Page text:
Learning How to Be Selfish

I have a dear friend, and she has a serious problem:  she has no clue how to put herself first!

For a myriad of reasons, which I won’t disclose here, she has spent most of her life taking care of everyone around her.  At a fairly young age, she took on responsibilities that a lot of adults couldn’t even handle.  Through it all, she’s found a way to make herself a success—but at a cost to her personal health and general wellbeing.

When she came to me for help, my first thought was that she needed to learn how to tell everyone to fuck off. Well, not exactly in those words.  But as a friend, I’ve listened to her complaints over the years and—I’m just being honest here—a lot of her problems begin with the fact that people take advantage of her kindness.  They take more from her than they ever give.  And should she ever dare to stand up for herself, all hell breaks loose. Suddenly she’s a bad friend, or a horrible daughter.  My answer to that? Simple. Go to hell.

If you know anything about me, it’s that I’m pretty darn selfish.  I’m not selfish with my belongings. You can have some of whatever I’m eating, you can borrow my shoes (just try not to stretch them out. I have baby feet.), you can even have some cash if you need it and I have it to spare.  However.  I am extremely selfish with my time.  I do what I want to do, when I want to do it. I operate according to my own schedule, and I have little patience for people who cause me to deviate from that schedule.  This usually means that I carve out a lot of time to do the things that bring me joy: practicing yoga, reading, writing.

A lot of this attitude stems from my childhood. I was blessed with parents who really indulged me and gave me quite a bit of freedom to explore what interested me.  They exposed me to a lot and allowed me to continue learning what appealed most to me. I loved dance, but hated tennis. So they cut the tennis lessons and enrolled me in extra ballet classes.  I loved books, but detested dolls (don’t ask, they freak me out).  So they took me on weekly trips to the library, and ordered books for me on a monthly basis.  They let me just be myself.  They taught me what it was like to truly enjoy my time, so it became precious to me.  I guard it ferociously. This is why I don’t generally do OT at work, but that’s an entirely different story.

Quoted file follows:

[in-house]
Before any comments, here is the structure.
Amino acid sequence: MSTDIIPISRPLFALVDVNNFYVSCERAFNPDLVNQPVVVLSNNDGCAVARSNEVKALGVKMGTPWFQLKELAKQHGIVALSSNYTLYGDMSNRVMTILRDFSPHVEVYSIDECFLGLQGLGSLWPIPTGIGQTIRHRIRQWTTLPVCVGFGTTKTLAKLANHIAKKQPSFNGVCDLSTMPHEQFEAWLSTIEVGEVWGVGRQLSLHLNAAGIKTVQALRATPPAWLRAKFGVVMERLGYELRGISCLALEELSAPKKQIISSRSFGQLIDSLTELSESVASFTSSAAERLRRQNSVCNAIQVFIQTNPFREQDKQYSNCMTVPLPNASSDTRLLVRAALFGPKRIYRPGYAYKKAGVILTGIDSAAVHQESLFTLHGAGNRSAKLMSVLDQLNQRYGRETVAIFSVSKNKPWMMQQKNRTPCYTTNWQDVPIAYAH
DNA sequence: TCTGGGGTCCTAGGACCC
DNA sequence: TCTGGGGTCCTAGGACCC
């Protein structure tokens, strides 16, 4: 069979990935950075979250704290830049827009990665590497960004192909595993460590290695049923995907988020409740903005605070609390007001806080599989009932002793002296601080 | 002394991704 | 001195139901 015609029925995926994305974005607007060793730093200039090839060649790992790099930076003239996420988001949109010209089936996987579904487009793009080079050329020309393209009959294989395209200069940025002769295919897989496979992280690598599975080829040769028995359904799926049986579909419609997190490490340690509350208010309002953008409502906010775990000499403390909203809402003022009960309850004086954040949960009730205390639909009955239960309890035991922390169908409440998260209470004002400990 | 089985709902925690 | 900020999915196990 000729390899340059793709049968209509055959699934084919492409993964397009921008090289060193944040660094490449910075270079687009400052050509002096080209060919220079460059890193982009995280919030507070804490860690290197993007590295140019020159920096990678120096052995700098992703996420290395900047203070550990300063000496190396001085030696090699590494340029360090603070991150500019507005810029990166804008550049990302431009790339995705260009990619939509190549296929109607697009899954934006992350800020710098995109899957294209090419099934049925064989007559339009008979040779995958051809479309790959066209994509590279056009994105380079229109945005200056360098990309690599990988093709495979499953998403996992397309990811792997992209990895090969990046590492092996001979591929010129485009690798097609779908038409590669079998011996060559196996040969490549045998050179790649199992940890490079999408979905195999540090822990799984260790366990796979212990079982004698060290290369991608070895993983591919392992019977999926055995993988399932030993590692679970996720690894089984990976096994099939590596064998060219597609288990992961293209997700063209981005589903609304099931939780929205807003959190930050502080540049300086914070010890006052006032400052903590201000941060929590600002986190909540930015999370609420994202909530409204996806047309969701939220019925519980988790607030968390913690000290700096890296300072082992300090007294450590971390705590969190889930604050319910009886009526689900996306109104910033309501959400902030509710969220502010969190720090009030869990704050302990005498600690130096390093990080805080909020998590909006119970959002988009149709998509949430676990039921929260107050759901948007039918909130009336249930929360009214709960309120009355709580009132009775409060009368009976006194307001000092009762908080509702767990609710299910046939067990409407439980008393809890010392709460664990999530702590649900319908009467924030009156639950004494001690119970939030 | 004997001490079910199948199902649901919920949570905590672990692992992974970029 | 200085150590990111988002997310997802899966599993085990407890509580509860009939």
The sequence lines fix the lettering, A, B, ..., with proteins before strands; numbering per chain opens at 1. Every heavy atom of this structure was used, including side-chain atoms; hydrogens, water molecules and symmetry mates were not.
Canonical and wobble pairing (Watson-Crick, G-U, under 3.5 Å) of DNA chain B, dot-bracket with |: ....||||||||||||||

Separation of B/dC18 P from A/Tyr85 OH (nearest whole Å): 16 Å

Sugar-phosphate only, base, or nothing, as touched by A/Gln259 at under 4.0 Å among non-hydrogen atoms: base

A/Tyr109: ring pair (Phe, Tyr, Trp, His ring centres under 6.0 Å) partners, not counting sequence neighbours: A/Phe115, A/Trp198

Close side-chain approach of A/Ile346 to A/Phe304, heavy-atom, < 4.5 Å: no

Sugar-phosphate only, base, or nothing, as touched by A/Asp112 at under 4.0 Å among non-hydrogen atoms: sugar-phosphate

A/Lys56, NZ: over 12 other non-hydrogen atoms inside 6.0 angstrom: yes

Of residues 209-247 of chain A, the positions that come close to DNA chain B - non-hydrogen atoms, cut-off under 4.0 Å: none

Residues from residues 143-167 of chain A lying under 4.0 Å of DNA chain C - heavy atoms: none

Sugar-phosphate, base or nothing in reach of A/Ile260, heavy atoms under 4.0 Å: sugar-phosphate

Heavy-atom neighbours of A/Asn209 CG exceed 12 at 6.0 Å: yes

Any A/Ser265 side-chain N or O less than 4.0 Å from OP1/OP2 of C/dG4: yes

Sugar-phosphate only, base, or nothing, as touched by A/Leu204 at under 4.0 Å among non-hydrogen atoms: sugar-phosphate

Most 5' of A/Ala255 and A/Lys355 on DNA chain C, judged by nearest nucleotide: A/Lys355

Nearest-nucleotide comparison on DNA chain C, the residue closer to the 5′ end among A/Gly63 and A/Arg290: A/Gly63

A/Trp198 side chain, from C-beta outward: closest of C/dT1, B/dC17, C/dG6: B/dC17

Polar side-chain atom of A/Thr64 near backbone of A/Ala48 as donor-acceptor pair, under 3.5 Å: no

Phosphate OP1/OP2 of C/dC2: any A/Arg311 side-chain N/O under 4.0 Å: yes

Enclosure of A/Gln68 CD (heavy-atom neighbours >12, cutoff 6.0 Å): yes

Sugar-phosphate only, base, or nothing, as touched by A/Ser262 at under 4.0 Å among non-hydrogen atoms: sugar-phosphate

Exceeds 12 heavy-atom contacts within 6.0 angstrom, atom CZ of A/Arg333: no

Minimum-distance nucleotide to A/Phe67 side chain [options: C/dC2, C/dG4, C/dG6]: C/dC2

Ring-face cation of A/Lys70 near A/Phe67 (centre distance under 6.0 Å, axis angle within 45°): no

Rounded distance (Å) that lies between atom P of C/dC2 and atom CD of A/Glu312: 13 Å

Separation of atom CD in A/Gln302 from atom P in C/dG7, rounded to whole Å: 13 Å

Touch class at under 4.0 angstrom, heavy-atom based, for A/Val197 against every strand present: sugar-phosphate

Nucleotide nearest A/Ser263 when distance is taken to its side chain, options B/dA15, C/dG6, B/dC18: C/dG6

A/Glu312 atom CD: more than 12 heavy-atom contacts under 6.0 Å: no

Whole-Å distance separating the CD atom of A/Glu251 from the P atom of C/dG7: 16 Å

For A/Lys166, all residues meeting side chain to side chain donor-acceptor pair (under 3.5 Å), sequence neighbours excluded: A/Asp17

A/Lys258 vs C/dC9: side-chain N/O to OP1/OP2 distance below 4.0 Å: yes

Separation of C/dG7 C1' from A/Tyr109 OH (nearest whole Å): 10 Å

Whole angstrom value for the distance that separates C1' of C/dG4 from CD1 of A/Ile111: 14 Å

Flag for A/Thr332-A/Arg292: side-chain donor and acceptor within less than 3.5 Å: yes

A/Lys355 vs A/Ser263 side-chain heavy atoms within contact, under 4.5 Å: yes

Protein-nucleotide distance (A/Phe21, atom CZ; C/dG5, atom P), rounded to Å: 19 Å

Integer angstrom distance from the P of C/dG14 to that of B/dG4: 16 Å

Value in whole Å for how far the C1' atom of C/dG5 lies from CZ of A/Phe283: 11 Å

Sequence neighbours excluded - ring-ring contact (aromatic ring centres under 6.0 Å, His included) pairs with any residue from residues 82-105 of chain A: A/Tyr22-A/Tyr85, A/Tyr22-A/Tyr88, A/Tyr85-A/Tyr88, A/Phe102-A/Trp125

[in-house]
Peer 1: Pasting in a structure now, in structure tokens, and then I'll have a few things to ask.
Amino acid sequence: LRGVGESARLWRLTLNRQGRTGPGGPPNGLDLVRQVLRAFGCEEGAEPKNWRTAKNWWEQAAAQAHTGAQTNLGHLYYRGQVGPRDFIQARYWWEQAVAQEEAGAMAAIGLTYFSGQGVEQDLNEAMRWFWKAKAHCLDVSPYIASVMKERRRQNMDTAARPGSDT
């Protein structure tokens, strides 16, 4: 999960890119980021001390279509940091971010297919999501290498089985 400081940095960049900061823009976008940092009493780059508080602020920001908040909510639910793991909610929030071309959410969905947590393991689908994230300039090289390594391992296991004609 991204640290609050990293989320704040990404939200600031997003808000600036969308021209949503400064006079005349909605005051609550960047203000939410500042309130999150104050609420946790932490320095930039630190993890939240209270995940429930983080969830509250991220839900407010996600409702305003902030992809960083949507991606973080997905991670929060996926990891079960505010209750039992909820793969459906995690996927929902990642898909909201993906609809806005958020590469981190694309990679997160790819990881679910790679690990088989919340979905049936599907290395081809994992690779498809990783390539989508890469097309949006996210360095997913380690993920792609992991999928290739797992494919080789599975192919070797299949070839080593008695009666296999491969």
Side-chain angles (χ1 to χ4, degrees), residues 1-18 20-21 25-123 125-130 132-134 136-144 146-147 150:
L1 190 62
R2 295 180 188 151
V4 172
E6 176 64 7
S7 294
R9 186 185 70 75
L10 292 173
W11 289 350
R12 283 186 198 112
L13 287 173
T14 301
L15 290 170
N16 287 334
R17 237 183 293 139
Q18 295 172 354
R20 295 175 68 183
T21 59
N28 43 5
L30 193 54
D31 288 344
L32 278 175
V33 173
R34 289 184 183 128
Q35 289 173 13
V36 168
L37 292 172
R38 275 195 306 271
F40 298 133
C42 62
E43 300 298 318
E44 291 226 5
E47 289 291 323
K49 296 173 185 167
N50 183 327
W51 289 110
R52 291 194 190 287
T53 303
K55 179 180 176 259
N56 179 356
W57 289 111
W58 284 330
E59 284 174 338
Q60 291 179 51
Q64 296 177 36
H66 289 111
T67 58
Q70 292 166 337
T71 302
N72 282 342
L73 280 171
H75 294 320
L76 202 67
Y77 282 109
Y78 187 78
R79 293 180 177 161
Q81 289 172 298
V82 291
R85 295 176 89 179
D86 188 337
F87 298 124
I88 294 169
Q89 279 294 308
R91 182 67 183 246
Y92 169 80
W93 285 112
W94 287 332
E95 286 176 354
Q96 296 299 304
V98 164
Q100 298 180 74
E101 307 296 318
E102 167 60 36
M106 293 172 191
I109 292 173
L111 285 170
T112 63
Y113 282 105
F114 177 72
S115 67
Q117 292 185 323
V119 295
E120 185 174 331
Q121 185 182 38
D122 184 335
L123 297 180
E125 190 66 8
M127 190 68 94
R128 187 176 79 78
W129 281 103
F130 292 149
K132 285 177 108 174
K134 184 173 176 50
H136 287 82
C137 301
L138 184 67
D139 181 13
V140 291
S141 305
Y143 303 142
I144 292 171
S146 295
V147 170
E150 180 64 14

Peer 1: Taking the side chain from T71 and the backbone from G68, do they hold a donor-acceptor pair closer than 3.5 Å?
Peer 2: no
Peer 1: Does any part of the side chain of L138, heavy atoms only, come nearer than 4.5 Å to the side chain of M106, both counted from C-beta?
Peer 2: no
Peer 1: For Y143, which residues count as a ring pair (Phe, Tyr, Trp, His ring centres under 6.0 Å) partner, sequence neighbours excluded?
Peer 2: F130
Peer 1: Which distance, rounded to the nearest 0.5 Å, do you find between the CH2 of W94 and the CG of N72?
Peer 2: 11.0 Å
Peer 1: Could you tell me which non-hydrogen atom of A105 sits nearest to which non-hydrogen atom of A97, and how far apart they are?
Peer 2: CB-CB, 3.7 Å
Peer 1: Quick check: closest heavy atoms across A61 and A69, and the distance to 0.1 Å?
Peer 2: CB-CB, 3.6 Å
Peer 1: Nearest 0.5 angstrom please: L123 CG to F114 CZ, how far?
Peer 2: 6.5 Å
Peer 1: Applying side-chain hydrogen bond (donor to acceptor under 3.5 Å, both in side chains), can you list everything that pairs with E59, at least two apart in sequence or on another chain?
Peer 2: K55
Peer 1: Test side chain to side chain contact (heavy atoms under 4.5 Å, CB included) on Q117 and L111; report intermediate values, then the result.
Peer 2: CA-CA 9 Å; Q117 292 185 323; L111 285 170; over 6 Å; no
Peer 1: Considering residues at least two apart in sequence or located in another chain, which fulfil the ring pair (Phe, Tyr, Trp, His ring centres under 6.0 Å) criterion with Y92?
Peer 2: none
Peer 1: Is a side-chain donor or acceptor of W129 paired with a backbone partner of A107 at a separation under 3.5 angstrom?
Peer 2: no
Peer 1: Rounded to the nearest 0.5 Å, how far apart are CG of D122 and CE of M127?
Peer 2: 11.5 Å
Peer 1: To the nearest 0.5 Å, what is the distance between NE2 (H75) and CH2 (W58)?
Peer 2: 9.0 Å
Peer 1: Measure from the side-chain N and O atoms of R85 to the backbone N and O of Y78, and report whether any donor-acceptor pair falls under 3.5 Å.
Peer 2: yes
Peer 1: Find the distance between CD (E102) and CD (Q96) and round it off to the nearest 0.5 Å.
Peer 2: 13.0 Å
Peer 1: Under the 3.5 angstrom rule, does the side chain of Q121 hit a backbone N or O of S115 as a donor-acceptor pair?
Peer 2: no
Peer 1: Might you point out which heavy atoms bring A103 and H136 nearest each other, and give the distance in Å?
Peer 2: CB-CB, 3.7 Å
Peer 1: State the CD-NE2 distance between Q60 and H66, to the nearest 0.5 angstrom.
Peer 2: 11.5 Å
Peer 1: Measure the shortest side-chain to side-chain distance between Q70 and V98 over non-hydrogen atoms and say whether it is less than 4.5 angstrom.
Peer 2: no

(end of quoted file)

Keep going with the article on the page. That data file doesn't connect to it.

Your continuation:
Anyway.  I have no problems figuring out what I need and getting rid of anyone who does anything, anything at all, to disturb the delicate balance I’ve created for myself.  Thus, I’m super happy that Jo came to me. I’m no expert, but I’m the perfect person for this job.


Step One


Believe, wholeheartedly, that you deserve to be put first.

It starts with the belief.

You have to believe that you deserve good things. You deserve to be taken care of properly. You deserve to feel good about yourself and your body. You deserve to get the rest you need.  You deserve to be pampered and loved.

Remind yourself of this every day.


Step Two


Determine what you need and what you desire.  Then make fulfilling your needs and desires your first priority.